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In 2014, Bridgewater State Hospital came under intense scrutiny for the the role guards may have played in the deaths of three inmates.
Soon after, Gov. Deval Patrick unveiled a more than $12 million plan to reform the state's prison for the mentally ill. The money would have hired more staff and created a separate facility for potentially violent inmates, among other things.
But, the reality is quite different. Bridgewater got just under $2 million — enough to hire just over a dozen new staffers.
Many mental health advocates in the state are now asking: What happened to reforming Bridgewater?
- "Three prison guards were fired for their role in the death of one of the inmates, Joshua K. Messier, and the state prison chief resigned after he was accused of slowing down an internal investigation into allegations that a guard had physically abused another Bridgewater patient. Patrick’s bill would have set aside $10 million to hire 114 additional mental health clinicians at Bridgewater to 'ensure patients committed there are getting the best possible care.' But six weeks later, when the bill emerged from the House budget committee, it had been cut to $1.9 million."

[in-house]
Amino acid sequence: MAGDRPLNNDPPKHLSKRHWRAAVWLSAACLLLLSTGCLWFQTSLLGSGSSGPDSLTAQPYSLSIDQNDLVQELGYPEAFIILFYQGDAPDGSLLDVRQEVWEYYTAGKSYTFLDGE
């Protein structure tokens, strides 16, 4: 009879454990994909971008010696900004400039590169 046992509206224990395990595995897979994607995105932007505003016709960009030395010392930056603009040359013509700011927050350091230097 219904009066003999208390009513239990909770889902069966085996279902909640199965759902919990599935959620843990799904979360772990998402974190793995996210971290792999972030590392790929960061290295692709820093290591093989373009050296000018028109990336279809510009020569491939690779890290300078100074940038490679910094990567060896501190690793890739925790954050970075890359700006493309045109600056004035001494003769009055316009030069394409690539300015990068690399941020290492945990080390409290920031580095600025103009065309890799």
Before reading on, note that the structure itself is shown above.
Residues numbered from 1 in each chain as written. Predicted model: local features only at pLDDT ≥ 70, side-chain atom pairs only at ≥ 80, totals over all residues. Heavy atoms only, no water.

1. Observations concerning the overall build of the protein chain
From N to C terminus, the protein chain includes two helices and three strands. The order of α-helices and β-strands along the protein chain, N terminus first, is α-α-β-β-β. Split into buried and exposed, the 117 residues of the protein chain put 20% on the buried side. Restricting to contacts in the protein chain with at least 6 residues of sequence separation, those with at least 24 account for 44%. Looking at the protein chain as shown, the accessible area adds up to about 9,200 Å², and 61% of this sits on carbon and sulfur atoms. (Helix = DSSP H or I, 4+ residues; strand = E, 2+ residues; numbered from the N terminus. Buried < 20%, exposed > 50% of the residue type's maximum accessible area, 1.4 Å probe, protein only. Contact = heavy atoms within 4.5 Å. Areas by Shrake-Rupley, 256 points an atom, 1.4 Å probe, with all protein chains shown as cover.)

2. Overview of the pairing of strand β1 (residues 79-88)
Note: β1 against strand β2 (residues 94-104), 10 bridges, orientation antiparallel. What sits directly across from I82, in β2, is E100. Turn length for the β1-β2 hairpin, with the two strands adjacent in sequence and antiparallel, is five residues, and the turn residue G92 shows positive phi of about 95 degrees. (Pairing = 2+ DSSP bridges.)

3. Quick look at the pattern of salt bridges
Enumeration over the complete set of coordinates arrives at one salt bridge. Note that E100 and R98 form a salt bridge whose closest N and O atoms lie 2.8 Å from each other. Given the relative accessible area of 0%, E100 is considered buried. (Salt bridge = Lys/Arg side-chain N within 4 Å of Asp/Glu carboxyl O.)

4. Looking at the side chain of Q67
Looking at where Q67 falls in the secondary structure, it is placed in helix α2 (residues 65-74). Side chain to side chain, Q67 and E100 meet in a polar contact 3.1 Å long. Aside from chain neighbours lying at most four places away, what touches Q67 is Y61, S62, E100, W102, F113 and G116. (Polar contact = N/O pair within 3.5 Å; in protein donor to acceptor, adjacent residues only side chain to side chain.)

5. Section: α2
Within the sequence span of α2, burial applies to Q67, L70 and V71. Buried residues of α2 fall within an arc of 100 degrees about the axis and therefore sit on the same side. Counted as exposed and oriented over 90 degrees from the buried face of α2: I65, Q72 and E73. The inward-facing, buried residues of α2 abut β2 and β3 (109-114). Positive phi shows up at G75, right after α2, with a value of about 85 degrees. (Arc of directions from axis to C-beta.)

- "Joe Marino wants to know why his suicidal, mentally ill 43-year-old brother wasn’t monitored more closely; meanwhile, Marino’s death has led mental health advocates to renew calls to reform Bridgewater State Hospital and ask what happened to plans to revamp the troubled facility."
- "Patients are shackled to beds, kept in solitary confinement and treated like criminals — even though they haven’t been convicted of anything. The conditions at Bridgewater State Hospital are so bad that a federal watchdog group has called for major changes, including handing the facility over to new management."
This segment aired on April 19, 2016.
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